divorceGetting divorced can be a complicated process. But, the complications are not necessarily over when the judge formalizes a divorce decree. Tax season is another one of those complicated times of the year.

One of the issues that parents face is which parent gets to deduct the minor children on their taxes. Only one parent can do so. This procedure has changed in recent years. At this point, the deduction is assigned to the parent who has custody more than half of the time. If the parents share custody in an exact 50-50 split, then the deduction is assigned to the parent with the higher adjusted gross income.

Parents may quibble over the assigned agreement versus what actually happened in terms of parenting timne. For the purposes of the Internal Revenue Service, they don’t really care. They are only interested in the signed custody agreement as far as the custodial time was assigned and agreed to. What actually happened? The IRS is not interested.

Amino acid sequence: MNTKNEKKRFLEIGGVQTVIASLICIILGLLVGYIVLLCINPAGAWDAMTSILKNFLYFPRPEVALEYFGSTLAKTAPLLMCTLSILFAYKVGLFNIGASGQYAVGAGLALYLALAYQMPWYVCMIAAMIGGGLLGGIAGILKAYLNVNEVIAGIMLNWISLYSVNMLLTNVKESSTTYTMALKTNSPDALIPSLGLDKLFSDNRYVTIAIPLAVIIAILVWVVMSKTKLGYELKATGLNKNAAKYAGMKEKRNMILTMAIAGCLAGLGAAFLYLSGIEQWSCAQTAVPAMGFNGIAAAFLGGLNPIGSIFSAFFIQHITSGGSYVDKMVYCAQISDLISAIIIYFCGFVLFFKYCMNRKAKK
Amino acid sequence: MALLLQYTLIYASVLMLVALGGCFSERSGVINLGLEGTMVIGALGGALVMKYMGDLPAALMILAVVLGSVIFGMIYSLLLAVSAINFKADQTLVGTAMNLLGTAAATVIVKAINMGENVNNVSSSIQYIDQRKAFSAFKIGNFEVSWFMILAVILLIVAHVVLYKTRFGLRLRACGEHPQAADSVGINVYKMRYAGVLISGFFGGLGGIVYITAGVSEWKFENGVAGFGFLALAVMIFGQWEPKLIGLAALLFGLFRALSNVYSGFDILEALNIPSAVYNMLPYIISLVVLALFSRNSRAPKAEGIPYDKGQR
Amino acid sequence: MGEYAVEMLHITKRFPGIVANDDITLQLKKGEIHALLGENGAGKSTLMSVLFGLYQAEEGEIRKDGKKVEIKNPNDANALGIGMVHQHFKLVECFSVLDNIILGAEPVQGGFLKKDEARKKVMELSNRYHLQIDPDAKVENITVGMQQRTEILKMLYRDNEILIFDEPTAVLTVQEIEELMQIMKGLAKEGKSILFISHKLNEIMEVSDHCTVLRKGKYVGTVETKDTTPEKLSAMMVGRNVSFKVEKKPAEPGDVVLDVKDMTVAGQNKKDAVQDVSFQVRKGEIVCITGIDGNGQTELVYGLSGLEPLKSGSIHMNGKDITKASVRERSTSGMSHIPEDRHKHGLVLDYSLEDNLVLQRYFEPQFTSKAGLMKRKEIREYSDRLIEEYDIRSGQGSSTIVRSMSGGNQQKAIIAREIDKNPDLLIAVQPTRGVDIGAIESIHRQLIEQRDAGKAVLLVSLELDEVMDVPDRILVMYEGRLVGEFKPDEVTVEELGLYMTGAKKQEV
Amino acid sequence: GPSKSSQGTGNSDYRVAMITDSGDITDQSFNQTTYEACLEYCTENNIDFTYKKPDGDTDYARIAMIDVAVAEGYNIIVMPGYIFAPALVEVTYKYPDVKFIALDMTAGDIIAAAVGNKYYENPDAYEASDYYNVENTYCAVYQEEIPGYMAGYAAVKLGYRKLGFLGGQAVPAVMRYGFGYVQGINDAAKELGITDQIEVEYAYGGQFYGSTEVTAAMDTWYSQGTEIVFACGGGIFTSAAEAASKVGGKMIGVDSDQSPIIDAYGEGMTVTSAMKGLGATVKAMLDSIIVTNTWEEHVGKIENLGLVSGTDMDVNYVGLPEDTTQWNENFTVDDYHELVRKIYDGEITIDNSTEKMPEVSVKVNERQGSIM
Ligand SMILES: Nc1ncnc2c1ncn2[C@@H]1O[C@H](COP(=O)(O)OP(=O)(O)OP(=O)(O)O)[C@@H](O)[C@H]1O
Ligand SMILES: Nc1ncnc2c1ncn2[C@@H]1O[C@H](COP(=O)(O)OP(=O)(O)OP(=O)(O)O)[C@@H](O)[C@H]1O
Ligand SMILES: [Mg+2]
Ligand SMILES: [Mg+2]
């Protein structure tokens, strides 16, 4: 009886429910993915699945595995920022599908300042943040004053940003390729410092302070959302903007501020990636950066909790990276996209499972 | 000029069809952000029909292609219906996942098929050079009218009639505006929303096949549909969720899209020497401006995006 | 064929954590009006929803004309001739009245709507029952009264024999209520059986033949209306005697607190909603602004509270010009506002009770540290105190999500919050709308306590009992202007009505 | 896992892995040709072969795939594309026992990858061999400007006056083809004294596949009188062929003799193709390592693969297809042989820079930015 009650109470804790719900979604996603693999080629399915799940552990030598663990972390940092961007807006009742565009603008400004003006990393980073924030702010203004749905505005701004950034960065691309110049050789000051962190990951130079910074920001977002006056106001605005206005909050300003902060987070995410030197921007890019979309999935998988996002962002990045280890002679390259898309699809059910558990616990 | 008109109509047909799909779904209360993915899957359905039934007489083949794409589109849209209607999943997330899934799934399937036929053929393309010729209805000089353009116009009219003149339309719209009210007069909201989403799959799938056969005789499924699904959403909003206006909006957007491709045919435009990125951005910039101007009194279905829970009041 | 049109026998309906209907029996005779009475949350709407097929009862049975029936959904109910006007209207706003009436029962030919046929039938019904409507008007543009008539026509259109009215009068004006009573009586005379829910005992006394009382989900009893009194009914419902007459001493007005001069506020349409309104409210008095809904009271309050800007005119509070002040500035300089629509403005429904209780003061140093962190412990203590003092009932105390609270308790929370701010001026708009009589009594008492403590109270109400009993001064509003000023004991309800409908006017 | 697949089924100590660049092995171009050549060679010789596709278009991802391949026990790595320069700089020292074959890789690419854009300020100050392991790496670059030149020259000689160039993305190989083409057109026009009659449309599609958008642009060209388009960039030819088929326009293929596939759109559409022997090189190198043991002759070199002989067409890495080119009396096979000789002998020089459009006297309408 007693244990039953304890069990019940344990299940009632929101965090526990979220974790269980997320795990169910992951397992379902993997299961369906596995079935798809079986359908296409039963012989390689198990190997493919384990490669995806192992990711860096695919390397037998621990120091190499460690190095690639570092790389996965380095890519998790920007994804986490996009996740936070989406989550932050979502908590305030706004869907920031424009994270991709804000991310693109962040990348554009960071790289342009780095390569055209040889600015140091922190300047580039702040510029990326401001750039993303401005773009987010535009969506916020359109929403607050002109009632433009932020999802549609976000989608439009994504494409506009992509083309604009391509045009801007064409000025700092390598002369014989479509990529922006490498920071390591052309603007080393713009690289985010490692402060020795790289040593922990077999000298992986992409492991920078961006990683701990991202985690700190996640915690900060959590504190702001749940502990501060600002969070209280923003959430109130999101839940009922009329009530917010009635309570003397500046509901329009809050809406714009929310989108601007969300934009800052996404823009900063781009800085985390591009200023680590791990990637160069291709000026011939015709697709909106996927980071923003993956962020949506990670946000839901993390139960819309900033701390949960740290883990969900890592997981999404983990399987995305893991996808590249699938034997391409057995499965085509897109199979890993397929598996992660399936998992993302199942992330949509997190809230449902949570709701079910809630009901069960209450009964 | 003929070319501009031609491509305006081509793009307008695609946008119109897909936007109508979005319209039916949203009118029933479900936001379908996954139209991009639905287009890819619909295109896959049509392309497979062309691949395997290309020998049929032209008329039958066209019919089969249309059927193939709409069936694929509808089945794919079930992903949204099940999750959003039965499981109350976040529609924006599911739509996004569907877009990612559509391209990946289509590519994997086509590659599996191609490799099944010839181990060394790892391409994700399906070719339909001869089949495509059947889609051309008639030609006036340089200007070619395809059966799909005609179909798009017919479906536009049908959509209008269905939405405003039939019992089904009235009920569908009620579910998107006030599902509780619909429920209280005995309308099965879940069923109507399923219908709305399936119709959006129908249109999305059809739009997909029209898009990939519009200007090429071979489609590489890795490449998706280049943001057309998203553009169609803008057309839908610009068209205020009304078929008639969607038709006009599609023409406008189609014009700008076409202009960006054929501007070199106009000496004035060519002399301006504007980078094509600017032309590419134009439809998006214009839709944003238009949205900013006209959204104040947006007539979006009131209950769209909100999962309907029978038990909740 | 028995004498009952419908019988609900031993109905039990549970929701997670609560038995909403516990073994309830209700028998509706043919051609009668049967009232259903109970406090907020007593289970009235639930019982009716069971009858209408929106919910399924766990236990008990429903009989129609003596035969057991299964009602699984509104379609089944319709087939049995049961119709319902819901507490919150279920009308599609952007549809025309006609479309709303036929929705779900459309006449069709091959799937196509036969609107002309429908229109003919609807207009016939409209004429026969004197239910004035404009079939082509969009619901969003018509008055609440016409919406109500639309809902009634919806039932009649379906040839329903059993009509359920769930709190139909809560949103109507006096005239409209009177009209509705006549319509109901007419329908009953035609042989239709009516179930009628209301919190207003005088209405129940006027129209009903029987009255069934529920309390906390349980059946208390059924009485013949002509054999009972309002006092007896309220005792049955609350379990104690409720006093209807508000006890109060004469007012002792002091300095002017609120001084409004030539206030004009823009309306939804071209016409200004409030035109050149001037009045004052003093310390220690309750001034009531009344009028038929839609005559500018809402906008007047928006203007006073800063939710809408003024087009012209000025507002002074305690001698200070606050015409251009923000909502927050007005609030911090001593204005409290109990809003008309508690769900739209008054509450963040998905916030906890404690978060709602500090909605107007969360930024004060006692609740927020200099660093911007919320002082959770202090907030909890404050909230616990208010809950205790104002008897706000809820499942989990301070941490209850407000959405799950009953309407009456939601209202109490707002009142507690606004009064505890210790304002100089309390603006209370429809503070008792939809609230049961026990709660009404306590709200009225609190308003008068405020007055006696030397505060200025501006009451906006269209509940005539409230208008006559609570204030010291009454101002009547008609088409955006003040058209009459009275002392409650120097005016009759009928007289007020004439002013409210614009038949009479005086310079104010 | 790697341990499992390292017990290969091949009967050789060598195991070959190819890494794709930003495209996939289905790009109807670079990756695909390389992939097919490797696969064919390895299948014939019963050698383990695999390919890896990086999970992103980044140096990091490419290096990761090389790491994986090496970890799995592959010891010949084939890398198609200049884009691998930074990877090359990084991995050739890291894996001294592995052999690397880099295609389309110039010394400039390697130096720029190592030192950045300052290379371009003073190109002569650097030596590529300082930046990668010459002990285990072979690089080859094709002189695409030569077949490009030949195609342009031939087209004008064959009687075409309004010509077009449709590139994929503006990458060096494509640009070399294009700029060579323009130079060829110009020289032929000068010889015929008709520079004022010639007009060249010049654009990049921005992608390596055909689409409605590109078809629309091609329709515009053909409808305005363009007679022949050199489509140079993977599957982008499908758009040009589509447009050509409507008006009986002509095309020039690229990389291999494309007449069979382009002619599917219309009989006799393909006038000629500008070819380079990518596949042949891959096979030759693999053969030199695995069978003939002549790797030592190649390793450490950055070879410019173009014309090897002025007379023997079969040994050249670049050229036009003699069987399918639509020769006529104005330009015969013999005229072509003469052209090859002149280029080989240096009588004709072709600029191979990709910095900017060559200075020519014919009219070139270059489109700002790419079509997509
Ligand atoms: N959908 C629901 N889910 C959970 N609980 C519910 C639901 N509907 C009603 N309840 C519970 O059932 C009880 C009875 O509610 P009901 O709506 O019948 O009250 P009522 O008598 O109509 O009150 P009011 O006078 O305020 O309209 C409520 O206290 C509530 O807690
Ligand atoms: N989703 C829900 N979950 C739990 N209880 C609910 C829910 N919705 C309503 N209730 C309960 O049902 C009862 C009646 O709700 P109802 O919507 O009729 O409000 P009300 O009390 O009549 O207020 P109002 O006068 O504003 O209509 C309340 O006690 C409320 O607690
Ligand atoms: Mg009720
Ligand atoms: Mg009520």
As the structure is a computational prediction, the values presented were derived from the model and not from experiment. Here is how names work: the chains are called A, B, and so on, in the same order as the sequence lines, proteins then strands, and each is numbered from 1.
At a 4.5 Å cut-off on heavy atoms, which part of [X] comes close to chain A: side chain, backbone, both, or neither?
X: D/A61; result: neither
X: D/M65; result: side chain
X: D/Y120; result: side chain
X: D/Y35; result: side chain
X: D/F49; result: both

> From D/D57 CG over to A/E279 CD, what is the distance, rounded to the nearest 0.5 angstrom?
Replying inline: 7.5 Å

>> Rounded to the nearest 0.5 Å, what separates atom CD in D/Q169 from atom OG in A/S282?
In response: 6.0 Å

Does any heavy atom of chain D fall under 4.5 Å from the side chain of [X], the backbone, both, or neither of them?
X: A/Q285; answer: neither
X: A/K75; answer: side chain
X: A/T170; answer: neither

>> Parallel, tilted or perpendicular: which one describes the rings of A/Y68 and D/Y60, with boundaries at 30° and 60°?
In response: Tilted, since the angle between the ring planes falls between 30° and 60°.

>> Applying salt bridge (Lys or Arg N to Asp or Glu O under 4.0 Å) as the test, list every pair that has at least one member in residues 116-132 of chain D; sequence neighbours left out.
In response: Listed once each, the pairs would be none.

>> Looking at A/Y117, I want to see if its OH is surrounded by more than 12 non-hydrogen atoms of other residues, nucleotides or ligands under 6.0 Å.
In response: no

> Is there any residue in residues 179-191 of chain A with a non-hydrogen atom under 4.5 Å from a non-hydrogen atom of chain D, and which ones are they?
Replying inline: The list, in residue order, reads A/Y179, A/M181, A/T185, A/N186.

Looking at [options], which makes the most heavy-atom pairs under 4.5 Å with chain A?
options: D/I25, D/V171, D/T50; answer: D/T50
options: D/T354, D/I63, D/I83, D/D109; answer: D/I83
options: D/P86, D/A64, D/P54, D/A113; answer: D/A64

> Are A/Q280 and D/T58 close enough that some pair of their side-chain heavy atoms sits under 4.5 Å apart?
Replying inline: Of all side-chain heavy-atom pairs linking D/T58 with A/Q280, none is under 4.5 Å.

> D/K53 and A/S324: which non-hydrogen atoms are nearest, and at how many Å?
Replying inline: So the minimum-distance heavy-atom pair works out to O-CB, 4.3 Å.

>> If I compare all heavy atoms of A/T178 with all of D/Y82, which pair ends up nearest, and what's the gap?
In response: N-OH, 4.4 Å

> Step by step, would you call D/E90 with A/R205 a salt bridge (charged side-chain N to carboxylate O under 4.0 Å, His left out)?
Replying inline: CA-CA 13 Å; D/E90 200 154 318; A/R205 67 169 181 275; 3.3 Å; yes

Parents should also be aware that there are tax credits for child care expenses required in order for the taxpayer to work: the Dependent Care Credit and the Child Tax Credit.

The Dependent Care credit is applicable for care of a child 12 years or younger, if the child lives principally with the taxpayer. The credit can only be assigned to one parent. Typically, it is assigned to the parent who has primary custody.

The Child Tax Credit is $1,000 per child. The child must be 16 or younger. This tax credit can also only be claimed by one parent.